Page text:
Kiowa and Caddo prisoners in Florida 1875
Mackenzie sent word of the massacre on to Sherman at Fort Sill. The message arrived on June 4 to find General Sherman already there and deep into his investigation of the Salt Creek Prairie event. Determining the identity of the raiders proved relatively simple as one of the primary Kiowa chiefs, Satanta, bragged openly of leading the raid. He justified the murders by pointing out his repeated requests for arms and ammunition had been refused and also that his young men needed to learn how to fight. As a result, Satanta "took the chief Se-tank, Eagle Heart, Big Tree, Big bow, and Fast Bear. We found a mule train, and killed seven of the men. Three of our men got killed, but we are willing to call it even." The chief also indicated intent to continue his activities. "We don't expect to do any raiding around here (Ft. Sill) this summer; but we expect to raid in Texas."
Even with the open confession, Sherman needed permission from the Indian agent in order to charge the Indians with any crimes. Even though he was a Quaker and therefore sympathetic to the plight of the Kiowa, agent Lawrie Tatum requested murder charges against all the named chiefs. He specified the older man, Chief Setank, as the "worst Indian on the Fort Sill reservation." Sherman and Tatum worked out a plan for arranging seizure of the chiefs. They arranged a meeting with all the Kiowa leaders to take place at General Grierson's house at Fort Sill. In case of trouble, Sherman hid some of Mackenzie's men (6th Cavalry Buffalo Soldiers) in the side rooms behind some blinds. The precaution proved wise indeed as the Kiowa arrived covered in blankets even though summer weather in western Oklahoma remained extremely warm.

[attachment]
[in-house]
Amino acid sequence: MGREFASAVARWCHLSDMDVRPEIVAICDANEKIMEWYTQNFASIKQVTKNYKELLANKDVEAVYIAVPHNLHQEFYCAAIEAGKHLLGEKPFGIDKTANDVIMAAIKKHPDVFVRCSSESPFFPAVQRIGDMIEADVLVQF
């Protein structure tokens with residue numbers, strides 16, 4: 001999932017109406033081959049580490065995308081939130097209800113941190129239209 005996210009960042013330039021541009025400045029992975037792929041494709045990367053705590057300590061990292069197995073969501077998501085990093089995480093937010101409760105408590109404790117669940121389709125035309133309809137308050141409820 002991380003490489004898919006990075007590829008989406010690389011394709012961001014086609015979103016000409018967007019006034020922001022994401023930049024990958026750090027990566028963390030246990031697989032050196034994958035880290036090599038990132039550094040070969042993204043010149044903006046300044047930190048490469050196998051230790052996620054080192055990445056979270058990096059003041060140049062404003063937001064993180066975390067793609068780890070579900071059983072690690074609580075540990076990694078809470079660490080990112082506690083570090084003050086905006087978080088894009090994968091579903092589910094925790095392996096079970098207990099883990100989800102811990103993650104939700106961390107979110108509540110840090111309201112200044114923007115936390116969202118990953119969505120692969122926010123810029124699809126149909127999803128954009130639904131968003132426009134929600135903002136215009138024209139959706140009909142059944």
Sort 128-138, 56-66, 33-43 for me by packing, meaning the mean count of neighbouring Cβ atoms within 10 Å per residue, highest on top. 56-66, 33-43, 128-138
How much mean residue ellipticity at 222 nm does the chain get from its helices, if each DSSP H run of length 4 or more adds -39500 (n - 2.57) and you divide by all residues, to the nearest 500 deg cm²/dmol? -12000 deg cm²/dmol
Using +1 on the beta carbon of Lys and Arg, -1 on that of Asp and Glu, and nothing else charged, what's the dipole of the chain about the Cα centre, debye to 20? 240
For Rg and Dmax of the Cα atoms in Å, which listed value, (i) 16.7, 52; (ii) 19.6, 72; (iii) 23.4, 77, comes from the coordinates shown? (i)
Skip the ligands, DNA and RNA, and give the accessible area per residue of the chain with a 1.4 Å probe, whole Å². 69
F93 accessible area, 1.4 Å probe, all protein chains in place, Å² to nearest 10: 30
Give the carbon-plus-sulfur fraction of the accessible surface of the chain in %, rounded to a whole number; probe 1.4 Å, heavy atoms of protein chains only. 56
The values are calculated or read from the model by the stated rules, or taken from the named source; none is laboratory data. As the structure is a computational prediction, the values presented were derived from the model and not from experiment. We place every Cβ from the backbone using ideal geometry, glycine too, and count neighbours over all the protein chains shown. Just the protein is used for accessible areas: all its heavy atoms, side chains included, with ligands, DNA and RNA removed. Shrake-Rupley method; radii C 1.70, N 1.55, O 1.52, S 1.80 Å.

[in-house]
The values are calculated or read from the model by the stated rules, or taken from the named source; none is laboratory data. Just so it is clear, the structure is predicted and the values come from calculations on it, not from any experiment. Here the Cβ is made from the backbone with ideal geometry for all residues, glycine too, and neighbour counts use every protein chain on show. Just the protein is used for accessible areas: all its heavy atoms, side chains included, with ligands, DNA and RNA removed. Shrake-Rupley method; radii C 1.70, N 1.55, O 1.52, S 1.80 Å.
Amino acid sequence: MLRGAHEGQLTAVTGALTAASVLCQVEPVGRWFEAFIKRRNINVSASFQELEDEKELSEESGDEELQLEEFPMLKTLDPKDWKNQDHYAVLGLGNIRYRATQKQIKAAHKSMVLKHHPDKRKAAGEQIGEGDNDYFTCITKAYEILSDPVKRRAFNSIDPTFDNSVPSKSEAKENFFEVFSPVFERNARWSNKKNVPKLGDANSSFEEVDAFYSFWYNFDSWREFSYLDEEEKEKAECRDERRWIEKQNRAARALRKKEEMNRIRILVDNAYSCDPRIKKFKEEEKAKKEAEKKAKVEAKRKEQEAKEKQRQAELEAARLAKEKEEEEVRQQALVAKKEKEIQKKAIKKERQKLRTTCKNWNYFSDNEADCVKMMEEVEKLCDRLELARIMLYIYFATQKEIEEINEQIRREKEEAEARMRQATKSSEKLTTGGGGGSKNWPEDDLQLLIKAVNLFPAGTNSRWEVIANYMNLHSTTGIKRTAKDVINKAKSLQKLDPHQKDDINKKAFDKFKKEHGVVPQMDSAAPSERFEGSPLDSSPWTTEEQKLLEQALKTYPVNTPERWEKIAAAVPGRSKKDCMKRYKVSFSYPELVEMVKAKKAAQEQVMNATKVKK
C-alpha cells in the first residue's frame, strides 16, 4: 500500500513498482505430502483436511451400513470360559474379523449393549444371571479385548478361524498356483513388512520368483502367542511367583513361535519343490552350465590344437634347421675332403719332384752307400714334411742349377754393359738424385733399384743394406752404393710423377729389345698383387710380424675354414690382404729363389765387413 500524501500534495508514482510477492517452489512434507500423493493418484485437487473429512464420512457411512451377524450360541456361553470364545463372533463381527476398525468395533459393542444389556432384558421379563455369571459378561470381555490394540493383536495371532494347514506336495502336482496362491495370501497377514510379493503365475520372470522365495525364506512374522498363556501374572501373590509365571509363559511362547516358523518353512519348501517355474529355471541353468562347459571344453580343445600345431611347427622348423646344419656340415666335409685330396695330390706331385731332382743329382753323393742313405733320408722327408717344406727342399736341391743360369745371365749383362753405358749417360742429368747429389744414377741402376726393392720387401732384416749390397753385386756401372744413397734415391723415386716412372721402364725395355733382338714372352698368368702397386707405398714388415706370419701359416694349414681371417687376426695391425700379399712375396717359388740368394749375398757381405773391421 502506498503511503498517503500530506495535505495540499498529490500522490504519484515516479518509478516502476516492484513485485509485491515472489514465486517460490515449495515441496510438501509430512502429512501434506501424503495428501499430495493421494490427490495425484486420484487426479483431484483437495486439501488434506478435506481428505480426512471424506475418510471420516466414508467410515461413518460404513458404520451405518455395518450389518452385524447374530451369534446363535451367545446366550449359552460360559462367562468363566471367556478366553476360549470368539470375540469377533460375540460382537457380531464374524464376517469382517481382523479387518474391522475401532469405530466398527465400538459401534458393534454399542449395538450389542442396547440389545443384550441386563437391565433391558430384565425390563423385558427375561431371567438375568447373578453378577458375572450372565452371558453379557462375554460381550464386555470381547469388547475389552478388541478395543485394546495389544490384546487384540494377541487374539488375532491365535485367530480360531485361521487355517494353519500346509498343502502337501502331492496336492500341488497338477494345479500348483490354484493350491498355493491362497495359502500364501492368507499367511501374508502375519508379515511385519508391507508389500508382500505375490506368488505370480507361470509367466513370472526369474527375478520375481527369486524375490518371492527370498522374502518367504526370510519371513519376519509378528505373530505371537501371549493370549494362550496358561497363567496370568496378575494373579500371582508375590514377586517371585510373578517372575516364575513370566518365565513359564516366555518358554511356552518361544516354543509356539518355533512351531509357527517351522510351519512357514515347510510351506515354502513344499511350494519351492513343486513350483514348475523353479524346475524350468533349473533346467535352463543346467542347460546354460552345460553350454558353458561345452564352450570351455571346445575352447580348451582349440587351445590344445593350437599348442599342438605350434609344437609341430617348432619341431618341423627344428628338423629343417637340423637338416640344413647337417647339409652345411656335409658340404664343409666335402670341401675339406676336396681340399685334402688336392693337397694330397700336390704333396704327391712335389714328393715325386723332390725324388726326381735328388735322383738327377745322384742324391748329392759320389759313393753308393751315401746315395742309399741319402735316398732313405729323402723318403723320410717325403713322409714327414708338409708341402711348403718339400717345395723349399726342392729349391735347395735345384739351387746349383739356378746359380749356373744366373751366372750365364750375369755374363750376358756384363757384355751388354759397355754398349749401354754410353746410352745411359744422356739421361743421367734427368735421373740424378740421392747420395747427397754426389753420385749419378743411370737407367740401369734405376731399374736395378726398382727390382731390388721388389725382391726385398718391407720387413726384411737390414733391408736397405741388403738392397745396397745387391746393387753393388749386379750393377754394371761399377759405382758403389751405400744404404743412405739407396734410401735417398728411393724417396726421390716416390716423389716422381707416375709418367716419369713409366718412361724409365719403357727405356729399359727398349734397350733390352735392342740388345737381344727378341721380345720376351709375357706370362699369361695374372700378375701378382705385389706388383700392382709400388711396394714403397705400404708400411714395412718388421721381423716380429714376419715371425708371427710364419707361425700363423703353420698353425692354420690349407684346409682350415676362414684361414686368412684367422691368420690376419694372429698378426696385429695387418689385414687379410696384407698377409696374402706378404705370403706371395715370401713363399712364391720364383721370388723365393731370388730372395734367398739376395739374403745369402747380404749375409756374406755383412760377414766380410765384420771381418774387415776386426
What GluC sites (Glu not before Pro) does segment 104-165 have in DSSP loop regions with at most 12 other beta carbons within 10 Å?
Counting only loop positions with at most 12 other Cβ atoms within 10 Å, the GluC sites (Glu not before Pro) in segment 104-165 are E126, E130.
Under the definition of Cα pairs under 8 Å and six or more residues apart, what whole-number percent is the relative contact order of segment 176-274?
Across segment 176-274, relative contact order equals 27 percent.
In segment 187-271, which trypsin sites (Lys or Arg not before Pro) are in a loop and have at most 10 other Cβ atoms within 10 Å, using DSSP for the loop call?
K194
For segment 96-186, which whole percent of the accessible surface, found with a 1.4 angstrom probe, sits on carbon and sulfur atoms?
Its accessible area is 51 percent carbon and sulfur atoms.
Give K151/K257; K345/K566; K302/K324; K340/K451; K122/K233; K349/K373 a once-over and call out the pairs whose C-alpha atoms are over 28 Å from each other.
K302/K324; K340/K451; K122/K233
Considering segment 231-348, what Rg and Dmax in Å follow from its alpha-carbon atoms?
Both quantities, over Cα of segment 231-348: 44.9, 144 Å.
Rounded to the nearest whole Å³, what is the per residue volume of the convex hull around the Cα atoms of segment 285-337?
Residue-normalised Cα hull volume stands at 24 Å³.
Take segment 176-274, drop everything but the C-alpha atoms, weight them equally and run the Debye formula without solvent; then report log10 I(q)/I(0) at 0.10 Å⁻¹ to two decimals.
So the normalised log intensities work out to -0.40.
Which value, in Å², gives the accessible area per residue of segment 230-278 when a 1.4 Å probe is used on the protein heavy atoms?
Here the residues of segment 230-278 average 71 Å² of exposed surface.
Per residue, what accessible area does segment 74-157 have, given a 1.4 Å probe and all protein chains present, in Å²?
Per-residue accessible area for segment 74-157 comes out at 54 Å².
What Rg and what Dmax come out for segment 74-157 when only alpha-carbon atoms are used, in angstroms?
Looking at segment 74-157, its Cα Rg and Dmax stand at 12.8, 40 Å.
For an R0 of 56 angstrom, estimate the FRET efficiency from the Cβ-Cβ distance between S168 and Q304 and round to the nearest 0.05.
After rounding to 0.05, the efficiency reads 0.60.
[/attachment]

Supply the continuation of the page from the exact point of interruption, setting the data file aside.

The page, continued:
The leaders of each side faced each other while an officer spoke Comanche through the post interpreter. Satanta and the chiefs "were charged with the murder of the teamsters on Salt Creek Prairie, and then of having come in and gleefully boasted of it." More evidence was produced while each side kept careful eye on every movement of the other. On completion, General Sherman "at once ordered all of them to be seized and taken to the post guard house-there to be placed in double irons. Then came the crisis-which all had been awaiting with almost breathless, tense anxiety. The Indians quickly threw back their blankets almost as one man--and as if they had rehearsed it--and started to use their weapons--and some to string their bows." At that moment, Sherman gave his signal and the blinds were thrown back revealing a company of Buffalo Soldiers "with every eye squinting down the barrels---and a death look and meaning in every face. This was too much even for the nerves of Satanta and Lone Wolf--two of the most celebrated and to be feared, bloodthirsty Indians along that entire border south of Kansas." Lone Wolf cried out and leaped over the porch railing. His move surprised the guards and Lone Wolf raced to freedom. Satanta, Setank, and Big Tree were not so lucky as the soldiers quickly overpowered them taking the chiefs prisoner.
Sherman left Fort Sill before Mackenzie arrived but left instructions the prisoners should be taken to Jacksboro for trial and execution in the criminal courts where the crime was committed. This required transporting the chiefs some 120 miles south to Fort Richardson in Jacks County, Texas. Mackenzie was to "take all due precautions" as the Kiowa "are now doubtless at their camps, on the Wichita, debating peace or war."